HISTORY OF FLIGHT On January 19, 2020, about 0745 eastern standard time, an Airborne America AX9-140 (S.2), N970TC, incurred minor damage when it was involved in an accident in Homestead, Florida. The pilot and four passengers were uninjured, two passengers received minor injuries, and two passengers were seriously injured. The balloon was operated as a Title 14 Code of Federal Regulations Part 91 revenue sightseeing flight. The local sightseeing flight was operated by Sunrise Balloons Miami LLC. Visual meteorological conditions prevailed and no flight plan was filed for the flight, which departed about 0657. The pilot stated that, before the flight, he checked several weather websites and called flight service. He reported that the weather was clear and cool, the surface wind was from 100° at 3 knots, and the winds aloft were in the single digits (6 knots). After about 50 minutes of flight, the pilot began looking for a place to land. As the balloon crossed over a set of powerlines, he “felt a strong downdraft” and the balloon entered a “rapid descent.” The pilot stated that he applied maximum burner heat, the balloon contacted the powerlines, and he then deflated the envelope while shutting off the burner valves. The basket “slid gently to the ground” and came to rest among brush and scrub trees. Several of the passengers provided statements regarding the flight. One passenger reported that, before departure, the pilot stated that his nickname was “Captain Fly Low”; he was also wearing a patch on his shirt with that name. The passengers reported that, during the flight, the balloon was low enough to easily communicate with people on the ground as they flew over, and that the basket contacted trees two different times during the flight, after which the pilot laughed and stated that he was “cleaning the bottom of the basket.” The basket also contacted the top of a power pole. During the landing approach, the pilot started repeatedly yelling an expletive as the balloon continued toward power lines and trees. The pilot then yelled for all the passengers to "get down, get down!" and actuated one of the burners to try and rise above the power lines. The balloon struck the power lines with the lower part of the envelope and flying wires that held the basket to the canopy. The balloon came to rest with the envelope draped over the power lines with the basket in a small group of trees directly below the lines, 10 to 12 feet above the ground. Electrical arcing occurred and showers of sparks flew on and around them. The sparks burned their hair and skin; a portion of the basket, as well as the foliage below the basket, caught fire. One passenger's pants caught fire, and he tried to put the fire out with his hands and then jumped out of the basket. The trees could not hold the basket and the basket slid out of the trees onto the ground. The rest of the occupants then turned the basket on its side and egressed. One of the passengers reported that, after egress, the pilot asked if they were ok, then asked if they still wanted their champagne. Residents in the area that observed the accident called 911 and ran over to assist. The first emergency services personnel arrived at the accident site at 0756. A passenger heard one of the ground crew tell the police that the balloon hit a downdraft; however, none of the passengers reported adverse weather conditions before, during, or after the flight, nor did they hear the pilot or ground crew mention anything about downdrafts. PERSONNEL INFORMATION The pilot held a commercial pilot certificate with a rating for lighter-than-air balloon. His most recent Federal Aviation Administration (FAA) second-class medical certificate was issued on June 1, 2017. He reported 881 total hours of flight experience. His most recent flight review was completed on September 22, 2017. A review of FAA Program Tracking and Reporting Subsystem operator/airman surveillance records for the operator and the pilot revealed that no surveillance activities of either had occurred prior to the accident. AIRCRAFT INFORMATION The balloon envelope and basket were manufactured in 1989. The balloon was powered by two propane burners, was equipped with four pressurized fuel cylinders, and the partitioned basket had a capacity of nine occupants. The date of the balloon's most recent annual inspection and total hours of operation was not provided by the pilot/operator. A review of FAA records indicated that the balloon's registration had expired on July 31, 2019, and its registration number was no longer authorized for use. METEOROLOGICAL INFORMATION The 0756 recorded weather at Homestead Air Reserve Base (HST), Homestead, Florida, located about 8 nautical miles southeast of the accident site, included wind from 110° at 3 knots, visibility 10 statute miles, clear skies, temperature 19°C, dew point 16°C, and altimeter setting of 30.12 inches of mercury. WRECKAGE AND IMPACT INFORMATION Several of the powerlines were severed upon impact. The fabric of the balloon above the bottom rim tape (which displayed damage prior to the flight, according to a passenger) received more damage. The skirt (scoop) was torn and burned in several places. The leather trim which covered the top rail of the basket was torn in several places, the bottom of the basket displayed areas of thermal damage, and the frame of the basket was bent and distorted. ADDITIONAL INFORMATION Balloon Flightpath Examination of the balloon’s flightpath along with passenger-supplied photographs and video indicated that, after departure the balloon tracked downwind to the northwest at low altitude (below 500 feet) near multiple obstacles, structures, and powerlines for much of the flight. Balloon Manufacturer's Guidance According to the balloon manufacturer's flight manual, section 2.9, LANDING PROCEDURE, when choosing a landing site, the pilot should allow for possible variations in the wind at ground level, and choose a site: (a) Free of obstructions, especially power lines; (b) Overshoot area should also be clear; (c) Field free of crops and animals; (d) If possible, look for upwind shelter to reduce speed; (e) If possible, choose a field with good accessibility for retrieve crew, and minimum inconvenience for the owner. The manual also stated: Do not fly into power lines at any cost. If contact is inevitable descend as fast as possible so that the contact of the wires is with the envelope and not with the basket assembly. Shut down the fuel system and vent lines before contact. If the balloon is caught in the wires DO NOT TOUCH ANY METAL PAR'I'S. If possible, remain in the basket until the power is shut off. Never attempt to remove the balloon until the power authority has arrived. Do not allow crew members to make contact between the ground and the basket until the power is shut off. Balloon Flying Handbook The FAA Balloon Flying Handbook (FAA-H-8083-11A), 7-7, "Maneuvering," states, "The balloon is officially a non-steerable aircraft." Although a hot air balloon has no direct controls for steering, a balloon's flightpath can be indirectly influenced using the burner and parachute valve. The handbook also states: Being knowledgeable of the wind at various altitudes, both before launch and during flight, is the key factor for maneuvering. Maneuvering, or steering, comes indirectly from varying one's time at different altitudes and different wind directions. The FAA Balloon Flying Handbook further stated that, when contour flying or during an approach to a landing site, the potential of collision with trees, power lines, and other obstacles is increased. For balloons, landing accidents consistently account for over 90 percent of the total number of accidents in any given year. The most common causal factors for landing accidents include collision with obstructions in the intended landing area. These accidents account for the majority of injuries to pilots and damage to balloons. Accidents are more likely during landing because the tolerance for error is greatly diminished and opportunities for pilots to overcome errors in judgment and decision-making become increasingly limited, particularly in high wind conditions. NTSB Recommendations On April 7, 2014, the NTSB issued recommendations to the FAA (A-14-11 and A-14-12) to address operational deficiencies in commercial sightseeing (air tour) balloon operations that have resulted in occupant injuries and a fatality. They were derived from the NTSB's investigations of several air tour balloon accidents. The accidents highlighted operational deficiencies in commercial air tour balloon operations, such as operating in unfavorable wind conditions and failure to follow flight manual procedures, that the NTSB considered a result of the lack of oversight relative to similar airplane and helicopter air tour operations. In its recommendations, the NTSB stated that, depending on gondola capacity, balloons can carry more than 20 passengers per flight. Given the various safety deficiencies noted in the NTSB's investigations of the subject balloon accidents, the potential for a high number of fatalities in a single air tour balloon accident is of particular concern if air tour balloon operators continue to conduct operations under less stringent regulations and oversight. Although such an accident had yet to occur in the United States at the time of the issuance of the recommendations, a high-fatality accident occurred in Egypt on February 26, 2013, when a commercial air tour balloon carrying 21 occupants experienced a fire on board, resulting in 19 deaths. On July 30, 2016, about 0742 central daylight time, a Balóny Kubícek BB85Z hot air balloon, N2469L (NTSB Case No. DCA16MA204), crashed into a field after striking high voltage powerlines while landing near Lockhart, Texas. The 15 passengers and pilot onboard were fatally injured. The NTSB determined that the probable cause of this accident was the pilot's pattern of poor decision-making that led to the initial launch, continued flight in fog and above clouds, and descent near or through clouds that decreased the pilot's ability to see and avoid obstacles. Contributing to the accident were (1) the pilot's impairing medical conditions and medications and (2) the FAA's policy to not require a medical certificate for commercial balloon pilots. The investigation further concluded that the FAA's primary method of oversight—sampling balloon operators at festivals and events—does not effectively target the operations that pose the most significant safety risks to members of the public who choose to participate in commercial balloon sightseeing activities. As a result of this investigation, the NTSB classified Safety Recommendations A-14-011 and -12 as "Closed—Unacceptable Action/Superseded," due in part to the FAA’s lack of action in response to the recommendations which addressed the need for commercial balloon operators to have a Letter of Authorization (LOA) and the need for FAA principal operations inspectors to include, in their general surveillance activities, commercial balloon operators that hold an LOA, respectively. As a result, in 2017, the NTSB issued Safety Recommendation A-17-45 to the FAA which recommended the following: Analyze your current policies, procedures, and tools for conducting oversight of commercial balloon operations in accordance with your Integrated Oversight Philosophy, taking into account the findings of this accident; based on this analysis, develop and implement more effective ways to target oversight of the operators and operations that pose the most significant safety risks to the public. On August 2, 2018, the FAA stated that it planned to develop and implement more effective ways to target oversight of operators that pose the most significant safety risk to the public. The FAA also stated that it would identify operators of balloons 140,000 cubic feet or larger and then increase surveillance of those operators. On September 18, 2018, the NTSB asked the FAA to provide information regarding how it determined the 140,000-cubic ft threshold for increased oversight and classified Safety Recommendation A-17-45 “Open—Acceptable Response.” On April 9, 2021, the FAA stated that it no longer planned to increase surveillance of commercial balloon operators because it found a significant reduction in fatal accidents involving commercial balloon operations between August 1, 2016, and April 29, 2020. The FAA attributed this decrease to the effectiveness of its policies, procedures, and tools for overseeing commercial balloon operations as well as industry’s efforts to improve the safety of these operations. On February 4, 2022, the NTSB expressed concern that the FAA only reviewed data for balloon accidents with fatalities and not significant injuries. Accident data for the period between August 1, 2016, and October 29, 2021, included a total of 48 balloon accidents, which resulted in 9 fatalities and 37 serious injuries. Pending a more risk-based approach to identifying balloon operators that require FAA oversight, Safety Recommendation A-17-45 remained classified “Open—Unacceptable Response.” On April 13, 2021, the NTSB expressed concern with the FAA’s lack of action in response to Safety Recommendation A-17-45 and reiterated and classified the recommendation “Open—Unacceptable Response” in NTSB investigation report No. DCA20SP001, Enhance Safety of Revenue Passenger-Carrying Operations Conducted Under Title 14 Code of Federal Regulations Part 91. In that investigation report, the NTSB found that under the current regulatory framework for revenue passenger-carrying operations, which includes sightseeing flights conducted in hot air balloons, a lack of structured pilot training, deficiencies in pilot skills and decision-making, and inadequate aircraft maintenance were occurring. The NTSB also found that the FAA needed to provide its inspectors with sufficient guidance to pursue more comprehensive oversight of Part 91 revenue passenger-carrying operators. Such guidance and oversight could help ensure that these operators are properly maintaining their aircraft and safely conducting operations. As a result, the NTSB issued Safety Recommendations A-21-9, -10, -12, -13, and -14, which asked the FAA to do the following: Develop national safety standards, or equivalent regulations, for revenue passenger-carrying operations that are currently conducted under Title 14 Code of Federal Regulations Part 91, including, but not limited to, sightseeing flights conducted in a hot air balloon, intentional parachute jump flights, and living history flight experience and other vintage aircraft flights. These standards, or equivalent regulations, should include, at a minimum for each operation type, requirements for initial and recurrent training and maintenance and management policies and procedures. (A-21-9) Develop national safety standards, or equivalent regulations, for revenue passenger-carrying operations that are currently conducted under Title 14 Code of Federal Regulations Part 91, including, but not limited to, sightseeing flights conducted in a hot air balloon, intentional parachute jump flights, and living history flight experience and other vintage aircraft flights. These standards, or equivalent regulations, should include, at a minimum for each operation type, requirements for initial and recurrent training and maintenance and management policies and procedures. (A-21-10) Develop and continuously update a database that includes all of the revenue passenger-carrying operators addressed in Safety Recommendations A-21-9 and -10 to facilitate oversight of these operations. (A-21-12) Require safety management systems for the revenue passenger-carrying operations addressed in Safety Recommendations A-21-9 and -10. (A-21-13) For the revenue passenger-carrying operations addressed in Safety Recommendations A-21-9 and -10, provide ongoing oversight of each operator’s safety management system once established. (A-21-14) On June 16, 2021, the FAA reported that these recommendations had been assigned to the FAA’s Flight Standards Service, which is evaluati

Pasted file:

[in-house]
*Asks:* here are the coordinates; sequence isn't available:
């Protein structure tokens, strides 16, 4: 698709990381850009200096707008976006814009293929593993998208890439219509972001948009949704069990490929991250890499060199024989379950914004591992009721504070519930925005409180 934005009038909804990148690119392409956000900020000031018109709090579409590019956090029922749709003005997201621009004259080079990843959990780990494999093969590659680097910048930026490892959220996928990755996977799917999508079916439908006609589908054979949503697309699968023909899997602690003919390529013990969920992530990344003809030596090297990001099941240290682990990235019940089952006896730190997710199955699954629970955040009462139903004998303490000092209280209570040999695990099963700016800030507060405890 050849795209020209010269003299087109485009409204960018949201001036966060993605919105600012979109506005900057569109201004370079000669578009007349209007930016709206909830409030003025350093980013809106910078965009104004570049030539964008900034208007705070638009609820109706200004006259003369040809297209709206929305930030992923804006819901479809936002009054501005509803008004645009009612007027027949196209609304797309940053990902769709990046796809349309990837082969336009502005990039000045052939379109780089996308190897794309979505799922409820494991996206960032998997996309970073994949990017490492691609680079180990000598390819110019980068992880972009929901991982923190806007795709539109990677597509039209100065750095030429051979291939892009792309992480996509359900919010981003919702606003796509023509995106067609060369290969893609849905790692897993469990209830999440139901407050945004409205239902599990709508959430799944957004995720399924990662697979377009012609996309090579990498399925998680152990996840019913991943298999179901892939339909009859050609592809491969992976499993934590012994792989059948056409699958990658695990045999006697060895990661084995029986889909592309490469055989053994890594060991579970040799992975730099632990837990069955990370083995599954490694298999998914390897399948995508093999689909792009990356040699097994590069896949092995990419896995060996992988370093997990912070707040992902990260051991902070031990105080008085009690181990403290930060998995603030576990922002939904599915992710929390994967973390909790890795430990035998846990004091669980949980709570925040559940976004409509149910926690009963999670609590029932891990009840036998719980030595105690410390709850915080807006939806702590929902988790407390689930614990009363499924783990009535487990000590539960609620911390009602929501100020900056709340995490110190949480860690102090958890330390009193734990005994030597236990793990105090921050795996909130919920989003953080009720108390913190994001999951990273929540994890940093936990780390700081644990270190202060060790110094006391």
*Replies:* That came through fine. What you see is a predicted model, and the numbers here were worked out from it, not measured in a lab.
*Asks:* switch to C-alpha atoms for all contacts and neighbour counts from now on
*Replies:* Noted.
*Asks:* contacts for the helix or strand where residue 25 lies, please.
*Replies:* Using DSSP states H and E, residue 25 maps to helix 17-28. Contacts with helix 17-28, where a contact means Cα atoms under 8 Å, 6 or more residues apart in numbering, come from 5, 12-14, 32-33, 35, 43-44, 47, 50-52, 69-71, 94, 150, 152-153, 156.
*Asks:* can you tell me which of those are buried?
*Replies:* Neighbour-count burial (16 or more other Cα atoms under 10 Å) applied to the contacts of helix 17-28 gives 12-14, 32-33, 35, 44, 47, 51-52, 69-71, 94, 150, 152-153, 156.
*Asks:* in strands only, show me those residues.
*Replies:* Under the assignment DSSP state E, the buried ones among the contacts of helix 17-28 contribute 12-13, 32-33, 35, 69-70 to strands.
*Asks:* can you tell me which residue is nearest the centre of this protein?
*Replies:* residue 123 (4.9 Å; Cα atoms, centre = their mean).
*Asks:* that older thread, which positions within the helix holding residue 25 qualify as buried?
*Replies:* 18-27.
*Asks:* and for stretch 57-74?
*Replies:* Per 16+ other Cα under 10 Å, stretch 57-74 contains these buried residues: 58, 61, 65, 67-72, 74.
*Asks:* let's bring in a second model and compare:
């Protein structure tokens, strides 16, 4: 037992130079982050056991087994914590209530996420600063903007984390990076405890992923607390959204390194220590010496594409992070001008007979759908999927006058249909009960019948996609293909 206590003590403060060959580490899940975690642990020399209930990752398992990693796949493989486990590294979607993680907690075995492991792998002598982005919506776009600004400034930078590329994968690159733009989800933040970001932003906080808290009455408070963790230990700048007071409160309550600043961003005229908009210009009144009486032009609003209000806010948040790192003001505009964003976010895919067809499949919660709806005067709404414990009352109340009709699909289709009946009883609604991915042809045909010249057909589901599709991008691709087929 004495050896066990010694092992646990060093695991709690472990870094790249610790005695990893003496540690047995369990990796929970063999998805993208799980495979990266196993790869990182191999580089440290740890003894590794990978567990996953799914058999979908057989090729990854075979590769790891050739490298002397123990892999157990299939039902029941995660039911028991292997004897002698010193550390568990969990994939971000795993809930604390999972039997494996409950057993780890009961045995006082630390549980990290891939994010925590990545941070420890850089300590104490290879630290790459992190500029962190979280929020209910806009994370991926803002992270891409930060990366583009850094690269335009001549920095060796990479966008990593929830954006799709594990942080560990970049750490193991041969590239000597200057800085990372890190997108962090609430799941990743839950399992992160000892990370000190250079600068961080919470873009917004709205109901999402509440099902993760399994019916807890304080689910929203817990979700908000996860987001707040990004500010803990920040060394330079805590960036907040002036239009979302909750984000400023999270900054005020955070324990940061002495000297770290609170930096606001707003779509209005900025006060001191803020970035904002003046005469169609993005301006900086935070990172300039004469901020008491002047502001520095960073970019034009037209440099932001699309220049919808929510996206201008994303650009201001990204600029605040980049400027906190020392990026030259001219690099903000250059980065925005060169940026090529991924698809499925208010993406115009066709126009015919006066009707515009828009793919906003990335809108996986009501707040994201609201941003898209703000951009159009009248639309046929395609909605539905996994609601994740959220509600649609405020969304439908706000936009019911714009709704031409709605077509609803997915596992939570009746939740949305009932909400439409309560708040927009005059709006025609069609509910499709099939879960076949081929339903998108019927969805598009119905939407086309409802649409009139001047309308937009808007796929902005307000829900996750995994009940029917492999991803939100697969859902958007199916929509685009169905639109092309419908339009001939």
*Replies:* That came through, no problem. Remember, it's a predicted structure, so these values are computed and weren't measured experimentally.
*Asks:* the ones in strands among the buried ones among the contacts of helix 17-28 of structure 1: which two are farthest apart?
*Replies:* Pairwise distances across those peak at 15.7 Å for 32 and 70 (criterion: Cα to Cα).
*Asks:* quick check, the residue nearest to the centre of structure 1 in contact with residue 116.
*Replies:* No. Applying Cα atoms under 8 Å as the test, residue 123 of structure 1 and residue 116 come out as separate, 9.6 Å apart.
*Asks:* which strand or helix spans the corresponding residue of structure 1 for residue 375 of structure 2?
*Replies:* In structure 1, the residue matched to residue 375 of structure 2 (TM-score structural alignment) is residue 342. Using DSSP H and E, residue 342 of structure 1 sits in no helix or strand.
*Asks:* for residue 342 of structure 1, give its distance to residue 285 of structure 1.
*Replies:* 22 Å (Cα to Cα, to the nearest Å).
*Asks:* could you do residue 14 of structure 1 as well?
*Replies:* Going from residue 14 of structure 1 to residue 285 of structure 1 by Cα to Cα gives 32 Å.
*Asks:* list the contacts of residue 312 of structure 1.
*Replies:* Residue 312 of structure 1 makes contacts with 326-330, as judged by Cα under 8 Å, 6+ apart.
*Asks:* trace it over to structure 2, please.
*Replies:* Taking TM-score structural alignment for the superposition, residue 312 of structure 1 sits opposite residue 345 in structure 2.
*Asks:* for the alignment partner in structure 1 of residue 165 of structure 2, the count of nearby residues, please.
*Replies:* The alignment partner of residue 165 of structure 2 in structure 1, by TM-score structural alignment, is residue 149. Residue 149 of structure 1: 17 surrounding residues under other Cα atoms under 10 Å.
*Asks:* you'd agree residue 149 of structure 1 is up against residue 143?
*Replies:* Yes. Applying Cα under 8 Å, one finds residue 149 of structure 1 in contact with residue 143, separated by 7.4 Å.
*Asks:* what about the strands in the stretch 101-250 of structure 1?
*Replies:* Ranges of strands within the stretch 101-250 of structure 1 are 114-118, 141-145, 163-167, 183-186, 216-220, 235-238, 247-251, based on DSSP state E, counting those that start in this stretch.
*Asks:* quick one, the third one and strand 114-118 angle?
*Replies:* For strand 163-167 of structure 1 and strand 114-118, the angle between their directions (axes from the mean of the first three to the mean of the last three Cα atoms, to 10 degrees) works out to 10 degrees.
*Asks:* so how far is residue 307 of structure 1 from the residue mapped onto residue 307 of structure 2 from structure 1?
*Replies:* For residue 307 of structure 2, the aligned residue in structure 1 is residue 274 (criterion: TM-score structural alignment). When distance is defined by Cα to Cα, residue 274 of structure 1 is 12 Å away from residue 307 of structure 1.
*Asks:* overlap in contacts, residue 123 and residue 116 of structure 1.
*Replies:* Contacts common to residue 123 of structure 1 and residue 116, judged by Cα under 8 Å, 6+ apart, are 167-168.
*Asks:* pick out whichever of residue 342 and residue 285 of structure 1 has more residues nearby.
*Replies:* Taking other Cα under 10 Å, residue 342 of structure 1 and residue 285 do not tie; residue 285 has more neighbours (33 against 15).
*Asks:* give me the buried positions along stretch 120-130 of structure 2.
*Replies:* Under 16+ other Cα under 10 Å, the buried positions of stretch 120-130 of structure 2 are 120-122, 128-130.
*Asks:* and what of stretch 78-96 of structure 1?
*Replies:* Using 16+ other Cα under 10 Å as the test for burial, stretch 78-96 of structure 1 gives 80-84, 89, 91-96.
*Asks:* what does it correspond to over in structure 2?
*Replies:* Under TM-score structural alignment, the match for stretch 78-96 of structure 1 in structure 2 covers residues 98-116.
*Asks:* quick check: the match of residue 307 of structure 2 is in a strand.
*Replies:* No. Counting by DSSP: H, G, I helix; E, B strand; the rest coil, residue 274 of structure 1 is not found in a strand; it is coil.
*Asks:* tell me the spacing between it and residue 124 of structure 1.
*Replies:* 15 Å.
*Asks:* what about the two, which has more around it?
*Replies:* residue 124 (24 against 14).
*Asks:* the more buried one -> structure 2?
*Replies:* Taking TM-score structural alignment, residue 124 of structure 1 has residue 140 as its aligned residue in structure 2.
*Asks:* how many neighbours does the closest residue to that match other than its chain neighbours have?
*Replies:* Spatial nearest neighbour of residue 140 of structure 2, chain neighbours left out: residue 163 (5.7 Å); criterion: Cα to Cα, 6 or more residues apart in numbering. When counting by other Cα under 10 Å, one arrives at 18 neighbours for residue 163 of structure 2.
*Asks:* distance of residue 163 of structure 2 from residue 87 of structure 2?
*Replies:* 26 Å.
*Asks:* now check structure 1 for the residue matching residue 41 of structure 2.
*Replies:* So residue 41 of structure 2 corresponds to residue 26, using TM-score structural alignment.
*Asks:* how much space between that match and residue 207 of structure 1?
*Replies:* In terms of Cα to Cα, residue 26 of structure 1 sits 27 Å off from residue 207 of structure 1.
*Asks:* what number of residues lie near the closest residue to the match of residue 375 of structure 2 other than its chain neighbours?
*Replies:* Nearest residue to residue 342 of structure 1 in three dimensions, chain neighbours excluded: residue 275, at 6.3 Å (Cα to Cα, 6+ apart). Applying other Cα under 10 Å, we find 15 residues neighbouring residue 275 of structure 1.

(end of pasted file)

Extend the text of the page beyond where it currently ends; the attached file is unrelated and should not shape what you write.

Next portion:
The pilot's decision to operate the balloon at low altitude near obstructions, structures, and powerlines, which resulted in the balloon contacting powerlines. Contributing to the accident was the Federal Aviation Administration's inadequate oversight of balloon tour operators.
Source: NTSB Aviation Accident Database